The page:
Gretzky shows Cal how to exit gracefully

This Just In...

April 21, 1999|By DAN RODRICKS

JUST AFTER after 3 o'clock Sunday afternoon, Wayne Gretzky, the greatest hockey player ever, waved farewell from the ice to adoring fans in Madison Square Garden. At the same hour in Toronto, the Orioles were well on their way to a 6-0 loss to the Blue Jays, and Cal Ripken, the most durable baseball player ever, was on the bench, scratched from the lineup with a bad back and a .179 batting average.

Gretzky is 38 years old -- five months younger than Cal. He announced last week that, after 20 years and a stunning, highly lucrative career on skates, he would retire. Sunday was his last game. He waved farewell. He cried.

Gretzky easily could have continued playing a few more years, probably scoring a respectable number of points -- he had 62 this season, more than the top scorer of the Washington Capitals -- but he decided not to, recognizing the downward arc of his career, opting to step off the slide before he crashed. Gretzky went out with grace and class (and a Mercedes-Benz, gift of the New York Rangers, that he probably didn't need).

Cal Ripken had a solid 1998 at third base for the Orioles. He batted .271, with 14 home runs and 61 RBI -- respectable numbers for a rookie, never mind a guy who turned 38 before the season ended. He came back for another go this spring, but suffers from a bad back and the emotional strain of the recent death of his father.

Having played as well as he has for so long, and having kept himself in superb shape, Ripken probably believed he could shake off the physical problems and have another productive season. Instead, he finds himself on the disabled list for the first time in 19 years, and for the first time you can hear people around Baltimore use "retire" in a sentence with "Ripken."

Given what we know about the man's work ethic and dedication, he can never be counted out. Ripken probably sees the back problem as a challenge. I'd put money on him coming off the DL and still playing this season.

Maybe Ripken wants to prove to himself that he can bounce back. Maybe he's still hoping, far-fetched as it sounds right now, for one more World Series.

That's fine. But he should know that he has nothing more to prove to the rest of us.

Cal Ripken has been great to baseball, great to Baltimore. He's done plenty. He's made a lot of people smile, a lot of kids dream. We're proud of him.

And we're protective of him. We want him to go out on a high note.

"I'm going to miss this game. ... It's going to kill me not to play," Wayne Gretzky said the other day. "But time does something to you, and it's time."

Ripken knows Gretzky some. The Great One visited the Orioles in spring training last winter, and last year in Fort Lauderdale he gave Ripken one of his hockey sticks. Ripken and Gretzky are the same age and they've played in their respective sports for about the same number of years. They both had dads who were devoted to them and helped them develop into Hall of Fame athletes. Gretzky and Ripken are both modest men, considered great role models for kids, and inspirations to their peers. They both made huge sums of money. They have fabulous lives, beautiful wives, handsome children.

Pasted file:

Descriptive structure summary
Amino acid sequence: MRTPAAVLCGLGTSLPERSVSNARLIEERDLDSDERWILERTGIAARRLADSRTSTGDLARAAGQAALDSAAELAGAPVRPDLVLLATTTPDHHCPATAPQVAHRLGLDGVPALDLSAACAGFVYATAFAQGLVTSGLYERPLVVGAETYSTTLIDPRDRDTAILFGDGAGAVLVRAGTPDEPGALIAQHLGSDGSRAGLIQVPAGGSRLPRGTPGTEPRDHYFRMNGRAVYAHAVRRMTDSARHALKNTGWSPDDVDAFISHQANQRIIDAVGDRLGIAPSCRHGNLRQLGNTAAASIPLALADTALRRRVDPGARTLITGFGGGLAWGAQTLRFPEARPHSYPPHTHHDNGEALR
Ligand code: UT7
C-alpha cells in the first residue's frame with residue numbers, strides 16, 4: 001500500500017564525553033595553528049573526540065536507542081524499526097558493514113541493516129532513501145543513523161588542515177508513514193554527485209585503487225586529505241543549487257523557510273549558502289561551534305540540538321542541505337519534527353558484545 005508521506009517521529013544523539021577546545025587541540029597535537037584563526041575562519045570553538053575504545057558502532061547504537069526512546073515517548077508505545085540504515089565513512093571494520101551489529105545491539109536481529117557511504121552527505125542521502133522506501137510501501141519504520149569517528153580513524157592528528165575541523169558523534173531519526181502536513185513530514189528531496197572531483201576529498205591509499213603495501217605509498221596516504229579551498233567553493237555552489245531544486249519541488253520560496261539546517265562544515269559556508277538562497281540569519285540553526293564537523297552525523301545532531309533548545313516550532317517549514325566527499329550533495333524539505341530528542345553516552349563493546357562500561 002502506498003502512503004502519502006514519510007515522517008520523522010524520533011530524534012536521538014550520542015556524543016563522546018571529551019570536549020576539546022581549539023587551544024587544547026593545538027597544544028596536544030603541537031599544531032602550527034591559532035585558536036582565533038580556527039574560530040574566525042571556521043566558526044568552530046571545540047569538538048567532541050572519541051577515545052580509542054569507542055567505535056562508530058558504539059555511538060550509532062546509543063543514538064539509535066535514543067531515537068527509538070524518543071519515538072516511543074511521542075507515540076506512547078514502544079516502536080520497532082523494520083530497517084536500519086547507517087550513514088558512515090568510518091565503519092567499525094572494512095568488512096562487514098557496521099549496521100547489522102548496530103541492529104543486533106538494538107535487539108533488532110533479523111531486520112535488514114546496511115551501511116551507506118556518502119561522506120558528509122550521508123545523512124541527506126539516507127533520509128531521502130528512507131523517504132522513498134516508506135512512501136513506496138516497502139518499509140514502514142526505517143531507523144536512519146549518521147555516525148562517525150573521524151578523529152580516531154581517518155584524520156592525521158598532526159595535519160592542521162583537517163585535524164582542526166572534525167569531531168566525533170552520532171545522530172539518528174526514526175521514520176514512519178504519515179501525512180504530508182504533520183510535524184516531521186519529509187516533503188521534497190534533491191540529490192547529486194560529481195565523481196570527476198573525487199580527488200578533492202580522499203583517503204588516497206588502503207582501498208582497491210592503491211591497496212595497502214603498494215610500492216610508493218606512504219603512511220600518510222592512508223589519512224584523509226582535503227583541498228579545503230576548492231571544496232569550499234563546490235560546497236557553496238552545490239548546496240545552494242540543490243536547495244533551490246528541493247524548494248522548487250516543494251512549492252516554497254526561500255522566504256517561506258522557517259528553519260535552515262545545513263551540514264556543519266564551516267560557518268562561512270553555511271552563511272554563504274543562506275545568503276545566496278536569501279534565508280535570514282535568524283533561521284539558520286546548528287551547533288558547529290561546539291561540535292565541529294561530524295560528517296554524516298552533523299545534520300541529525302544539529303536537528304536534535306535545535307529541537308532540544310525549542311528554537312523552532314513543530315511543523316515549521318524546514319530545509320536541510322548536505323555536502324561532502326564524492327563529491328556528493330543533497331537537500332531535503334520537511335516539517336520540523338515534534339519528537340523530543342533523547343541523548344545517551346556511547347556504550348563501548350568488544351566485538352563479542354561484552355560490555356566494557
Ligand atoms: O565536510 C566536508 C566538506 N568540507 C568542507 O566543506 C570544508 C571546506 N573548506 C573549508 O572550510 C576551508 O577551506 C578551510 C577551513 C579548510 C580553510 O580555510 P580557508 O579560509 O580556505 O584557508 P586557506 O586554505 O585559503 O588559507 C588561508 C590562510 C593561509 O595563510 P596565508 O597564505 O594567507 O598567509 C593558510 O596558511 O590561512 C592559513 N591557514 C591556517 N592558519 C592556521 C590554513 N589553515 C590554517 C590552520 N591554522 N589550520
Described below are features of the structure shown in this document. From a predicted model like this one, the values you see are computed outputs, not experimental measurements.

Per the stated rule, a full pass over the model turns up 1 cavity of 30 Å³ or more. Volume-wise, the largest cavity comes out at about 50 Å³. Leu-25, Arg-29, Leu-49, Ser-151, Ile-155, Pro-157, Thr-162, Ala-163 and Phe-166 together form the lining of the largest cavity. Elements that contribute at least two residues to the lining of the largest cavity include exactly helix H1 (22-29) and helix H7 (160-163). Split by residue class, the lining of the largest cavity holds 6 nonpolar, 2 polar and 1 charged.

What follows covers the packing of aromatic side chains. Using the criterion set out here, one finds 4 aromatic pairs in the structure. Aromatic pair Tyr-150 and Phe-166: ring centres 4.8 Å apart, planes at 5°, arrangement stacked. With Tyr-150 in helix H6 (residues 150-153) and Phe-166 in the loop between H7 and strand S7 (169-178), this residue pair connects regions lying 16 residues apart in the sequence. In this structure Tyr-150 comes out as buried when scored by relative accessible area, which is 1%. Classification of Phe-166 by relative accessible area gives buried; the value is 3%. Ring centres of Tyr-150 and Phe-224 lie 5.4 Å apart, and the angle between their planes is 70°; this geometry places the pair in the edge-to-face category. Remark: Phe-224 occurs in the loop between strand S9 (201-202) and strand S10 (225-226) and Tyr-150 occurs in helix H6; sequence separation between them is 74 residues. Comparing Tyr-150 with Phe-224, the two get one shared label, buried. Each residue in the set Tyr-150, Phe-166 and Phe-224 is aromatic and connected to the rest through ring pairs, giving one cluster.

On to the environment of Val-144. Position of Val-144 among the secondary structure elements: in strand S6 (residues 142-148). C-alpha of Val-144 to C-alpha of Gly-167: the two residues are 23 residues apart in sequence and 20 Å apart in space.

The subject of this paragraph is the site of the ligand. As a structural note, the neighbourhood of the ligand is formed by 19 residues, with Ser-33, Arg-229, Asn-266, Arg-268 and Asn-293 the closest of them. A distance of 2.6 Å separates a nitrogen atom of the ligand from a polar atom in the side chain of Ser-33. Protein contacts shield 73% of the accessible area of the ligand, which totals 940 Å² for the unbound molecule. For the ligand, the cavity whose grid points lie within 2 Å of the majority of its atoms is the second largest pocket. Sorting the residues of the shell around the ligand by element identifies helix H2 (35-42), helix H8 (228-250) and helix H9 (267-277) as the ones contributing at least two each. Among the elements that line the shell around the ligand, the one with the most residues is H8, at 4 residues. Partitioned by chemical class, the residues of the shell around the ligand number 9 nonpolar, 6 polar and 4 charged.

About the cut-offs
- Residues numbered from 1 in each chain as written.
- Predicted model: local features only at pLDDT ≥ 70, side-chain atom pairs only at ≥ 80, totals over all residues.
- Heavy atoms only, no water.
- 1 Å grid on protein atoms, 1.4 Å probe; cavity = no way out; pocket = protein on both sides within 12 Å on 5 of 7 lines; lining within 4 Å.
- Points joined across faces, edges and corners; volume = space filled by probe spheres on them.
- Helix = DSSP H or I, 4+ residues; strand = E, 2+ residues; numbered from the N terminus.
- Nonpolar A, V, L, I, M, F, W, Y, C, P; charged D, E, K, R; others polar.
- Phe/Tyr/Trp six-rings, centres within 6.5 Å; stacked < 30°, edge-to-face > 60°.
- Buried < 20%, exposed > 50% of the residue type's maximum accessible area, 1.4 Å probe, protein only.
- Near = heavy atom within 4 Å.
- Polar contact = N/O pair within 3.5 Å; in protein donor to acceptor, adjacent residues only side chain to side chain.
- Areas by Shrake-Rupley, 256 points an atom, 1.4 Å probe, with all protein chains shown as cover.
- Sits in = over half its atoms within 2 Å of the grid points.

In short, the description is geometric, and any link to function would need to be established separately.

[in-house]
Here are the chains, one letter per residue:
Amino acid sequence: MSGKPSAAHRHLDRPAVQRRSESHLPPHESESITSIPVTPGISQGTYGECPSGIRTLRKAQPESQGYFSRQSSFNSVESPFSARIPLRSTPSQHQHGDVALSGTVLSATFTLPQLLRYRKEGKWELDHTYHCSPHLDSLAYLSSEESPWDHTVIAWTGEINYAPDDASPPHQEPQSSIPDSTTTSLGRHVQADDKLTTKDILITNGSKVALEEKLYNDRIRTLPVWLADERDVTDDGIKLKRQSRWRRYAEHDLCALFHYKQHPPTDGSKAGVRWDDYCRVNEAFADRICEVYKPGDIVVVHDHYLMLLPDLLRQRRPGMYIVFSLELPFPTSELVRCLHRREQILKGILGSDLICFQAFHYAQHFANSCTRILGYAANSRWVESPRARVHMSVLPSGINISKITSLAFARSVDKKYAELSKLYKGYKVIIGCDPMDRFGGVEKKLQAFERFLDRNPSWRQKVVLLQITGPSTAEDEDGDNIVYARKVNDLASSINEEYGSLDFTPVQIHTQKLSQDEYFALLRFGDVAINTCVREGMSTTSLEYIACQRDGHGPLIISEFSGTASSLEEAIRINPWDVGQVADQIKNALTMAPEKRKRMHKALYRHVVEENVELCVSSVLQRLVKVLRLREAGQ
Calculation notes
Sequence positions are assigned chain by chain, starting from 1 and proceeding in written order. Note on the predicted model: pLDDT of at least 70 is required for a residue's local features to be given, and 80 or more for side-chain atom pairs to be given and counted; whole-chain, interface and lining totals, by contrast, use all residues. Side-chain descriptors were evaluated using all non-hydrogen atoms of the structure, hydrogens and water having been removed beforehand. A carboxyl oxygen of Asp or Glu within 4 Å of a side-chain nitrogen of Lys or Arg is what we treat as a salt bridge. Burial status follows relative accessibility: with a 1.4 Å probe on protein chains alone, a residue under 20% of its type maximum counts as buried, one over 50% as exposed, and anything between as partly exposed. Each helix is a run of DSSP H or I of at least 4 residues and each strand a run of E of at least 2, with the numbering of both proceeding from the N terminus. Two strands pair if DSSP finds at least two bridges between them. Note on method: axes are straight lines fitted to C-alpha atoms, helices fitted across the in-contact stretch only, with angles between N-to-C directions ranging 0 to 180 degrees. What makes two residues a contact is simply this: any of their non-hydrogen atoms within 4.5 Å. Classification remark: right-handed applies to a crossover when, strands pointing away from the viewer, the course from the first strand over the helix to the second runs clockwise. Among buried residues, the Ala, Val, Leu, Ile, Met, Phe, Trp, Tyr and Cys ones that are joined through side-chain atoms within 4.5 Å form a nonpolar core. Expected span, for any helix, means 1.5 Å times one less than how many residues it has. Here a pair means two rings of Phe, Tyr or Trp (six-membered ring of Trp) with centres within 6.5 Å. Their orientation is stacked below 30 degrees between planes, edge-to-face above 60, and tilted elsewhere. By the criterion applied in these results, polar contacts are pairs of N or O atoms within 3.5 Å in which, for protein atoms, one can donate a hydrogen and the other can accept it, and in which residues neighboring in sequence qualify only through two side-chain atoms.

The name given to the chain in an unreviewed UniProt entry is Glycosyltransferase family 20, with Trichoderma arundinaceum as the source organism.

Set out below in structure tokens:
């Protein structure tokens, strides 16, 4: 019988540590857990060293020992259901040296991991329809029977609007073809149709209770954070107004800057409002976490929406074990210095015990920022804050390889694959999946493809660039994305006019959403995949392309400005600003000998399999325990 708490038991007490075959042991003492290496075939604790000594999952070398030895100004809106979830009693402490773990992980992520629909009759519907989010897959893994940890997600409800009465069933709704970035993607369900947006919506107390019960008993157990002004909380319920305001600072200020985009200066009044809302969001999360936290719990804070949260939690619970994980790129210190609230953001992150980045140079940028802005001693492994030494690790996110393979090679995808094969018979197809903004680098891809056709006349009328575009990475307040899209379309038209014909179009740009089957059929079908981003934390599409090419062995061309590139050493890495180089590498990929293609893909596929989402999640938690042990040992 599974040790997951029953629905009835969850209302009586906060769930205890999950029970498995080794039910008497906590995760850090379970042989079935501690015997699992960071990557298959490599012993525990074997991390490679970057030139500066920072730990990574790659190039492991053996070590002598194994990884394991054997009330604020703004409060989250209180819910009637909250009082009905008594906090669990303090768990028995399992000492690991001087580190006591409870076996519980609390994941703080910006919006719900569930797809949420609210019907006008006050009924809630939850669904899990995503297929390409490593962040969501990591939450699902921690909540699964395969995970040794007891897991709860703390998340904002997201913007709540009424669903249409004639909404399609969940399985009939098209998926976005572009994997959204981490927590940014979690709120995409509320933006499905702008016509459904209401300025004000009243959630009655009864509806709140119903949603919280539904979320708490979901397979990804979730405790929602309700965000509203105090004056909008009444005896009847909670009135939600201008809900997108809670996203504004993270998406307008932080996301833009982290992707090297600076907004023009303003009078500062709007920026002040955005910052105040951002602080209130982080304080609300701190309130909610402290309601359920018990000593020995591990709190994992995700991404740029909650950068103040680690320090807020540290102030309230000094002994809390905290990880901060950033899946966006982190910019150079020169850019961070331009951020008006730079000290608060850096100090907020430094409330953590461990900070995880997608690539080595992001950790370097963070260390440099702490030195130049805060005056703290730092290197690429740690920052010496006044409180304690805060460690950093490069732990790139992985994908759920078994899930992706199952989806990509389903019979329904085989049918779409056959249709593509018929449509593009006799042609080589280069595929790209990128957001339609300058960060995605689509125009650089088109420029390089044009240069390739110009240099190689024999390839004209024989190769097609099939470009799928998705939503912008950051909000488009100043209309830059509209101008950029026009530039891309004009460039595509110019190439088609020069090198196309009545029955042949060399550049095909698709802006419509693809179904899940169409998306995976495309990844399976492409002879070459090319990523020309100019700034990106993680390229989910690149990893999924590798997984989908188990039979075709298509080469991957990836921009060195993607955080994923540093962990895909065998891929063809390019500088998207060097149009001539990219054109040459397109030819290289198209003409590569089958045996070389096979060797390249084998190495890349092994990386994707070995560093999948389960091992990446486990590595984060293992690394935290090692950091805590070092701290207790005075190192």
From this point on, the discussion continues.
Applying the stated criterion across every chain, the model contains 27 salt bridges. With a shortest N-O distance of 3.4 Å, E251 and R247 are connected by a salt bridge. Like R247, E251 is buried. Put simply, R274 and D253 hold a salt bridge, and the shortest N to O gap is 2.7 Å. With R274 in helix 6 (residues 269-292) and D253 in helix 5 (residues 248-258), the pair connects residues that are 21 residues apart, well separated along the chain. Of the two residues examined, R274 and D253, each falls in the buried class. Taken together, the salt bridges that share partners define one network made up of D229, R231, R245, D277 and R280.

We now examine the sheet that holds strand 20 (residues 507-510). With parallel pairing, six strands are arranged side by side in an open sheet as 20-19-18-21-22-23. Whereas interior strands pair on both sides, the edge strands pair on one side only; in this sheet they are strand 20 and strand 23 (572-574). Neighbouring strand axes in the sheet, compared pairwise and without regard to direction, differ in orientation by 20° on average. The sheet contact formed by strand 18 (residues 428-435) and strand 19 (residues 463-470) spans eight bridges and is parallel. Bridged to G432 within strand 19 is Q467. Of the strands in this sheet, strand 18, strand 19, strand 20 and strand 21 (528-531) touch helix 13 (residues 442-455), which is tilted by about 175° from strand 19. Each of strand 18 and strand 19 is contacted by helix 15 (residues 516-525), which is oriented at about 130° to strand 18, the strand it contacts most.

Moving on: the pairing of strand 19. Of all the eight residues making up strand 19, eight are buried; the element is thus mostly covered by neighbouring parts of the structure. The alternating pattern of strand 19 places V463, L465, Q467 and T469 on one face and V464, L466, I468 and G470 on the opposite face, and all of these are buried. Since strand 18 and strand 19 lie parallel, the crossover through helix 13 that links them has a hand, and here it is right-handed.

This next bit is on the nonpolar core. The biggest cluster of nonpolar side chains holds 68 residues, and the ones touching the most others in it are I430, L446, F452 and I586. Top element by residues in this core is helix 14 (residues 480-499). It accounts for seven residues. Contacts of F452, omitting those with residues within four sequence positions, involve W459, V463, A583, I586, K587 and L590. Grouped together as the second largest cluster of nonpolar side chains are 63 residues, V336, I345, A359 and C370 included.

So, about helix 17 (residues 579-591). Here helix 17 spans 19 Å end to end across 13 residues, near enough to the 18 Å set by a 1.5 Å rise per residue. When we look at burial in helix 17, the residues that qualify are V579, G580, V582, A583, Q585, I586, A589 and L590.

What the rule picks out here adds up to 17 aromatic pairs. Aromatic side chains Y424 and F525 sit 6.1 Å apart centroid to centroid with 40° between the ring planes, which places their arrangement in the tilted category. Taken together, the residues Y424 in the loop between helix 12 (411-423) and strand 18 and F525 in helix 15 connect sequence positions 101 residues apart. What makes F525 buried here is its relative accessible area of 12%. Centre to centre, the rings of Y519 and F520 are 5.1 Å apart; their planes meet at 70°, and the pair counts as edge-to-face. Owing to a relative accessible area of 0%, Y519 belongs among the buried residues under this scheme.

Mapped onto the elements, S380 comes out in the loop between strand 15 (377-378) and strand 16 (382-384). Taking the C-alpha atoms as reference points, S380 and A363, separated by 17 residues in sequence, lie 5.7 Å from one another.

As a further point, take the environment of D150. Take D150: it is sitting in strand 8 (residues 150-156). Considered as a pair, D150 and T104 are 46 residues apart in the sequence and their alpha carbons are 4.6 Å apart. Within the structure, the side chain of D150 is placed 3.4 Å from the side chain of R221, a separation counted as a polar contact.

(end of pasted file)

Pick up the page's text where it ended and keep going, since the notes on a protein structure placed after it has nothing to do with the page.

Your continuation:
Maybe the Great One's departure from hockey Sunday got Iron Man thinking about what a graceful end to his career could look like. It looked pretty good.

Calloway's spirit

Kip Patterson, drum major for the Ravens marching band, does a high-energy tribute to Cab Calloway. (Can there be any other kind?) With his white jacket and purple-lined cape, and the band supporting him, Patterson struts and swings while lipping the words to "Minnie the Moocher," getting Ravens fans to "Hi-de-hi-de-hi-de-ho!" with him during lulls in the action on the field. If football had a seventh-inning stretch, "Minnie" would be the perfect song for it -- especially in Baltimore, where Cab Calloway spent much of his youth, graduating from Douglass High School in 1927, and leaving family here. Last week, one of Cab Calloway's daughters, Cecelia, surprised Patterson and other band members with a visit to their weekly practice on Howard County Fairgrounds to say how much she appreciated the band's effort to keep her father's spirit alive. ... Tomorrow night, Cecelia Calloway, jazz great Ethel Ennis and Mood Swings are scheduled to perform at the dedication of a new, long-in-the-making sound engineering studio at Douglass' Cab Calloway Music Academy.

A taxing sticker?

So, what do you make of this bumper sticker? It was spotted the other day on St. Paul Street, near Mount Royal: "Oppose the dominant paradigm." Serbian propaganda? A denunciation of NATO? Perhaps. Or perhaps the phrase suggests a protest against the status quo in a large way, the irony, of course, being that so broad a dissatisfaction is inherently absurd. Tilting at the global windmill, as it were. Then again, I could be full of molasses. It could be just another tax protest from northern Baltimore County.

Pub Date: 04/21/99

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